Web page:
IN SHORT: Risks to the planet increase rapidly with each increment of higher average temperature, including drought, floods, heatwaves, and rising sea levels. Global warming isn’t just about hotter weather. It’s changing Earth’s climate.
“So what is all the fuss about?”
That’s the end of a tweet that includes a graph of average yearly temperature increases.
The graph is headed “Global Warming. According to the InterGovernmental Panel on Climate Change”.
“Real Climate Data,” the tweet, also shared as a screenshot on Facebook, reads. “The left hand scale shows the range of temperatures real people live in today. From +30C in Khartoum in Sudan (6,000,000 people) to -10C in Yakutsk, Siberia (300,000).”
The scale on the left of the graph, or the Y axis, runs from -10°C (degrees Celsius) to 30°C. It’s labelled “Existing range of human livability -10C to +30C”.
The scale at the bottom, the X axis, shows the years 1960 to 2020.
“The green line shows the official data on global warming,” the tweet reads. “So what is all the fuss about?”
The graph’s broad green line is almost horizontal, rising slightly to the right.
In March 2023 the United Nations’ Intergovernmental Panel on Climate Change released its sixth synthesis report, a wide-ranging review of global scientists’ knowledge of global warming. It summarises several other reports published since 2018.
‘Large and potentially dangerous shifts in climate and weather’
The tweet misleads in several ways.
First is the graph’s “existing range of human livability”. People can survive in extremely hot and cold places, but that doesn’t mean those places are the best places for us to live.
Research published in 2020 by scientists from China, the US, the UK and Denmark found that for thousands of years, most of humanity has lived in climates with an average temperature of around 13°C. This “likely reflects a human temperature niche related to fundamental constraints”.
The scientists predict that in 50 years one to three billion people may be left “outside the climate conditions that have served humanity well over the past 6,000 years”. Their findings are summarised, with an alarming map, in a Financial Times article headlined Climate change could bring near-unliveable conditions for 3bn people, say scientists.
These regions cover northern Africa and South America, the Arabian peninsula, India and parts of Oceania.
But more importantly, the tweet and its graph ignores the huge impact small increases in Earth’s average temperature, caused by human activity, have had on the planet’s climate. As the US Environmental Protection Agency says, these “can translate to large and potentially dangerous shifts in climate and weather”.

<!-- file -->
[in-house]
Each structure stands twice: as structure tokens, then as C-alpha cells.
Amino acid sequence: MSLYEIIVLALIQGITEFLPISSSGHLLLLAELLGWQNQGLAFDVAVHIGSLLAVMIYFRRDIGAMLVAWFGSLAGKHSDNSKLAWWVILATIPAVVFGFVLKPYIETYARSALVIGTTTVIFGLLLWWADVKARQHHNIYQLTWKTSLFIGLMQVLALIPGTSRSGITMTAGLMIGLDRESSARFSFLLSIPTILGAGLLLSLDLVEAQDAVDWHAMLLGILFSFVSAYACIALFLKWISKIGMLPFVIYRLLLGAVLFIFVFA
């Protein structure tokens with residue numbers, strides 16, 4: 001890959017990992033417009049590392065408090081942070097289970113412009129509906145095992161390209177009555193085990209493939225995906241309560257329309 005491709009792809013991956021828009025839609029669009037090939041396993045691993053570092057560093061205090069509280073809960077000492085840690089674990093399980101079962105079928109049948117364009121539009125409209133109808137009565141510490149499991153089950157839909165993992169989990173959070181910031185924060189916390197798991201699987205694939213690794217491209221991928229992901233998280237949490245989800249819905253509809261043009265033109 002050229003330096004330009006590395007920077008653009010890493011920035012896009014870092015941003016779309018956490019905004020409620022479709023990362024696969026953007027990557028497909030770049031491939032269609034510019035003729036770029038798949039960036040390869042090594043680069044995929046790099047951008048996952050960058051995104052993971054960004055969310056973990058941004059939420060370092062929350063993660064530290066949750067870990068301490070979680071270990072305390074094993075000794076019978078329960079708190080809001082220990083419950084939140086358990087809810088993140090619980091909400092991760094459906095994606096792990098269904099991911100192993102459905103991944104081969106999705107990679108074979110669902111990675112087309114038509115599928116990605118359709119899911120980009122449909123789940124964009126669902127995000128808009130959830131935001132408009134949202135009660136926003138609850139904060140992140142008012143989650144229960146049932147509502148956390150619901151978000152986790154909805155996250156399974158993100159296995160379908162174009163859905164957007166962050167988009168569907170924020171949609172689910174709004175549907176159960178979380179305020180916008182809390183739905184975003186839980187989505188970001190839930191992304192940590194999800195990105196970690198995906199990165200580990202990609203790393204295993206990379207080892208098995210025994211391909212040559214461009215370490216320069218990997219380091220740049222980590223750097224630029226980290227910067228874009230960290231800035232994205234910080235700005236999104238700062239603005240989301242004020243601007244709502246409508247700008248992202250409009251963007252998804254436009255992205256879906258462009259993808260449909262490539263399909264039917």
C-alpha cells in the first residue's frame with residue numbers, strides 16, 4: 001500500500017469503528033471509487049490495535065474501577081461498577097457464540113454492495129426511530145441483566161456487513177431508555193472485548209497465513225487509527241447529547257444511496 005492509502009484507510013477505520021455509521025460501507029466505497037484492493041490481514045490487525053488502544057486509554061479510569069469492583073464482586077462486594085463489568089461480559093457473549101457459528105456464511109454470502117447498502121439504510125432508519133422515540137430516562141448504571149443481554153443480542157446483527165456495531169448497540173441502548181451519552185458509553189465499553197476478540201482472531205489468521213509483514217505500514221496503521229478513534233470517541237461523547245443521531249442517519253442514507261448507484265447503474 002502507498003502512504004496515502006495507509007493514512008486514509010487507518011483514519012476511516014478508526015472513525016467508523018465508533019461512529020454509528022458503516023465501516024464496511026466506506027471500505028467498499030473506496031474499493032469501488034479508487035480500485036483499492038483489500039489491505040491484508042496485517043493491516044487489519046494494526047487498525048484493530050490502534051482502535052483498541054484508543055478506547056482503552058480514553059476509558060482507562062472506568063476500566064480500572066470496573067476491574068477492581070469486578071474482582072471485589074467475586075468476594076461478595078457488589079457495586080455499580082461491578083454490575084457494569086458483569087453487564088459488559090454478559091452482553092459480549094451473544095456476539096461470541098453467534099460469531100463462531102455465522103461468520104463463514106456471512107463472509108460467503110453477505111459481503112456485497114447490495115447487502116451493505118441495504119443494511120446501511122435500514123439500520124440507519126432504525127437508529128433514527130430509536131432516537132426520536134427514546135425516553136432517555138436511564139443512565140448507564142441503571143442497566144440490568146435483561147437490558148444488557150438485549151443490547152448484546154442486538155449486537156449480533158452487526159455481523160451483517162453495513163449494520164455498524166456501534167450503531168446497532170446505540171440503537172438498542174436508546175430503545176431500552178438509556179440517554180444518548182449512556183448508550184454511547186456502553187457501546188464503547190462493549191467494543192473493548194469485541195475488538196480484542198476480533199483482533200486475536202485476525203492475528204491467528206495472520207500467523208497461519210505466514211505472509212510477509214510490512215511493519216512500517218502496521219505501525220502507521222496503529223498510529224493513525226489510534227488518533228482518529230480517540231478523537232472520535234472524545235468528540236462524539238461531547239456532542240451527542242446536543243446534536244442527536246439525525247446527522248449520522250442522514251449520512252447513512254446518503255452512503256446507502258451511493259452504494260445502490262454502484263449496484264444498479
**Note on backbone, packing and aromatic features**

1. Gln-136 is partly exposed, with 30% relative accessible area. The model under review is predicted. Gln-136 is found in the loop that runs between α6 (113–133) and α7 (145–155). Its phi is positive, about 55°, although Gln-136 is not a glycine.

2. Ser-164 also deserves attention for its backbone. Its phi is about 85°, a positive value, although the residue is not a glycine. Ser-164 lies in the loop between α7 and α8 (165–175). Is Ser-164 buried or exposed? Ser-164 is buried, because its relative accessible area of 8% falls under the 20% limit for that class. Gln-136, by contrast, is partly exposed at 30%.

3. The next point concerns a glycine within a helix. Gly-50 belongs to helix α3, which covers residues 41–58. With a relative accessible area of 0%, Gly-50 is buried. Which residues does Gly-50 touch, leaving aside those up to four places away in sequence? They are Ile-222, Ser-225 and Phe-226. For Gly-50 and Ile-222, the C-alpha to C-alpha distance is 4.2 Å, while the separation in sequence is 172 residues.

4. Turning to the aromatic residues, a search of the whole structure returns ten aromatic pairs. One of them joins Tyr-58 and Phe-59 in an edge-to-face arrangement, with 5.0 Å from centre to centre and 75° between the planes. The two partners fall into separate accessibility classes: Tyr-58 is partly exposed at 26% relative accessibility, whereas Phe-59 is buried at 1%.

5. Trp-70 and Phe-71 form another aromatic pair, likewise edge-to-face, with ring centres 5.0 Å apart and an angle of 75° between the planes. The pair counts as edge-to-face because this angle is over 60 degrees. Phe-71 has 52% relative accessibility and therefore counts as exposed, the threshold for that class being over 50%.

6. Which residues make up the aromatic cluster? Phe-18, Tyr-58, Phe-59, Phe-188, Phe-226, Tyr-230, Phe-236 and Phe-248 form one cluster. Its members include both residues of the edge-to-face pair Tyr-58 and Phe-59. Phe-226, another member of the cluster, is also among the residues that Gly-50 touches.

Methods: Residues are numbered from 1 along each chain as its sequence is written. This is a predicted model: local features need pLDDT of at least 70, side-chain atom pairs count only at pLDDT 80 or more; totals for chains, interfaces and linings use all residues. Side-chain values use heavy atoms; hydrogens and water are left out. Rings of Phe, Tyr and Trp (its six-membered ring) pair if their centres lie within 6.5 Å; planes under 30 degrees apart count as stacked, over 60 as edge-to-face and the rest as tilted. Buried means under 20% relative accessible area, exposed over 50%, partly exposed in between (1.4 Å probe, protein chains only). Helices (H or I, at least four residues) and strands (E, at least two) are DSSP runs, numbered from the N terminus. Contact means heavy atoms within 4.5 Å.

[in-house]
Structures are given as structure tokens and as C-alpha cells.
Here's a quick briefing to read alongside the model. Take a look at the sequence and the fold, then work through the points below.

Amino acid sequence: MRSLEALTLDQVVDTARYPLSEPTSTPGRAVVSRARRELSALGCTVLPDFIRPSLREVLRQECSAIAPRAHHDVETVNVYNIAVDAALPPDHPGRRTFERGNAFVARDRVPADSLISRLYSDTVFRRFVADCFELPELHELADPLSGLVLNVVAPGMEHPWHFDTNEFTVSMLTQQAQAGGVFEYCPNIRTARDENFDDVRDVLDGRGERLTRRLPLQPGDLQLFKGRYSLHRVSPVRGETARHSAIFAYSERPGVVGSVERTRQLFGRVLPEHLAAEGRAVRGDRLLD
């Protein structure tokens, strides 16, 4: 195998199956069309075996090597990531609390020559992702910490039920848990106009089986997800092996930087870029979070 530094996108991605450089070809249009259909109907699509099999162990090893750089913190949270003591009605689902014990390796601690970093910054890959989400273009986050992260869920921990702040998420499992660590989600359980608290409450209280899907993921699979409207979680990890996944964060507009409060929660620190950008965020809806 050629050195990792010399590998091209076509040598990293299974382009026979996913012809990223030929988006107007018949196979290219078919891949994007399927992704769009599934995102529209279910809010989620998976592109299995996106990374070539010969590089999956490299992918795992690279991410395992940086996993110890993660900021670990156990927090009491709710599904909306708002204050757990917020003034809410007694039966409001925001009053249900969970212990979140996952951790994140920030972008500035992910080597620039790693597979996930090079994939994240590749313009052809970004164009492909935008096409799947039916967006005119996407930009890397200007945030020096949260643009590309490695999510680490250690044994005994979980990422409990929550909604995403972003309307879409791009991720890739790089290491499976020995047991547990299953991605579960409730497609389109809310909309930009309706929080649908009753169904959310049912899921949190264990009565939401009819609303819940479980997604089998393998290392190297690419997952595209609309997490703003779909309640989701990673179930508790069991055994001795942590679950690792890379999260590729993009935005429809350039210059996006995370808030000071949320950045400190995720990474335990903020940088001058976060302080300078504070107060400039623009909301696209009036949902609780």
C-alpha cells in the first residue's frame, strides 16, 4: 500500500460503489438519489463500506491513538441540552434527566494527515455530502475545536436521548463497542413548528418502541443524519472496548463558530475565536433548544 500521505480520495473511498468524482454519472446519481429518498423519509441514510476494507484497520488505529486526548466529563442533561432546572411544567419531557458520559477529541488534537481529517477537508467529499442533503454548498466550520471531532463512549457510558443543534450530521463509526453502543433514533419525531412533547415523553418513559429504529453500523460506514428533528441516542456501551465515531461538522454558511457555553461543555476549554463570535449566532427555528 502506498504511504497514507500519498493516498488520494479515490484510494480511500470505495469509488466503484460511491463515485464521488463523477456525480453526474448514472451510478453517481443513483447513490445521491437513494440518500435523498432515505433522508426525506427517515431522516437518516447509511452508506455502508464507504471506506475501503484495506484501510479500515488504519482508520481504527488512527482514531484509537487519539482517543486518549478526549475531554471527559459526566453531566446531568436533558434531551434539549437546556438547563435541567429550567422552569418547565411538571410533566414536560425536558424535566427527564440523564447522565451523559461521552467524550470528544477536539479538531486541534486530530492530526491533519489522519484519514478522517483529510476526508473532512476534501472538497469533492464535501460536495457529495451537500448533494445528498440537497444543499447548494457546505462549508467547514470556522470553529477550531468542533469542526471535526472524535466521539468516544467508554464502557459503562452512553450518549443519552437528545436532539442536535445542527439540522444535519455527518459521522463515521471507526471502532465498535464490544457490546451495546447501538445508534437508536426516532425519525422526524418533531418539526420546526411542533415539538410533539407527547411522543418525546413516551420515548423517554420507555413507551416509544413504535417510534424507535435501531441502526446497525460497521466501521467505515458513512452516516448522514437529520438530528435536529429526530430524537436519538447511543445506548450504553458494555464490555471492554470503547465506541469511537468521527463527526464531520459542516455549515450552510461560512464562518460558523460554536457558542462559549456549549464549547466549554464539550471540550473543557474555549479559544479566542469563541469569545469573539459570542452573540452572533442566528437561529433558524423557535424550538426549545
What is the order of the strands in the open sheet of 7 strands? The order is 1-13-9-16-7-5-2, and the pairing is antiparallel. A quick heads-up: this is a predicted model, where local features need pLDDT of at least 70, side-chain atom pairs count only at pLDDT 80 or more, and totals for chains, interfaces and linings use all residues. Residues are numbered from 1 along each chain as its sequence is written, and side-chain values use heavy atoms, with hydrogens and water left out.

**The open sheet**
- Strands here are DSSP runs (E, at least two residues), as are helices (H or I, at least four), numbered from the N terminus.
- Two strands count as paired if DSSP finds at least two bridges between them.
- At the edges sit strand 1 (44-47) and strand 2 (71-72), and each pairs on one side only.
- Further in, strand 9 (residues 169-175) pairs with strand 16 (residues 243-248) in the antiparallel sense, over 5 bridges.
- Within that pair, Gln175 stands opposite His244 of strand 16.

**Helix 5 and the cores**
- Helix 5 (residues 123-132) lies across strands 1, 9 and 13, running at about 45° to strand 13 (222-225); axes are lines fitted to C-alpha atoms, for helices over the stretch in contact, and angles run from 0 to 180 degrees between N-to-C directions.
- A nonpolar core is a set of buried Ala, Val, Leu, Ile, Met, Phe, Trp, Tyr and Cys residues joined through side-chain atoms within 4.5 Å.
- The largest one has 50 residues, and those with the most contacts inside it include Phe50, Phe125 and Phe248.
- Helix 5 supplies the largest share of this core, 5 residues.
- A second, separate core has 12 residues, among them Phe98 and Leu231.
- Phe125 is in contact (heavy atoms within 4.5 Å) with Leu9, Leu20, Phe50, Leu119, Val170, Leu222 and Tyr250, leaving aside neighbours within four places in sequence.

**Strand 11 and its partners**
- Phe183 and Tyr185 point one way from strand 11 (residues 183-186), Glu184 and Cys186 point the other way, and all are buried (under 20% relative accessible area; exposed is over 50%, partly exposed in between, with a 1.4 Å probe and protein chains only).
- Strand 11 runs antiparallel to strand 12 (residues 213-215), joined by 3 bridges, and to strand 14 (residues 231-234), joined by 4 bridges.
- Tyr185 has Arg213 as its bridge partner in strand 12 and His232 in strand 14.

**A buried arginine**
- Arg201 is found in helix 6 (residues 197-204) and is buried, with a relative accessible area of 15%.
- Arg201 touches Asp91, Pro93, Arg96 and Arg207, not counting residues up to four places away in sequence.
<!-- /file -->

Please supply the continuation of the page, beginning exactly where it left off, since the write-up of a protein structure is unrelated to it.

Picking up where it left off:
“Risks are increasing with every increment of warming,” the IPCC says.
The tweet plots average temperature increases over a broad 40°C range, from -10°C to +30°C. This makes global warming seem like nothing.
But because small changes have large consequences, climate scientists measure temperature rise in fractions of degrees plotted on a much narrower Y axis. And the trend is upwards.
What the graph shows is that since about 1980, the average temperature on our planet’s surface has increased by 1°C from the average recorded throughout the 20th century. In other words, average temperatures were colder before about 1940.
Here’s another, from Our World in Data:
Source: Our World in Data
This shows that global temperatures have increased by more than 1°C since average temperatures were recorded from 1951 to 1980. Again, the world was colder before and is hotter now.
But what does this mean?
The IPCC’s reports make four predictions about what this will do to places where people live, with increases of 1.5°, 2°, 3° and 4°C. Heatwaves will become more common and intense, the soil will dry out and rainfall patterns will shift, with some regions experiencing more rain and snow and others less.
These effects will be stark in Africa. Most of the continent will become much drier and prone to drought, but with increased risk of sudden floods. Heatwaves will rise.
There is clearly a great deal to be concerned about.
Republish our content for free
For publishers: what to do if your post is rated false
A fact-checker has rated your Facebook or Instagram post as “false”, “altered”, “partly false” or “missing context”. This could have serious consequences. What do you do?
Click on our guide for the steps you should follow.Publishers guide
Africa Check teams up with Facebook
Africa Check is a partner in Meta's third-party fact-checking programme to help stop the spread of false information on social media.
The content we rate as “false” will be downgraded on Facebook and Instagram. This means fewer people will see it.
You can also help identify false information on Facebook. This guide explains how.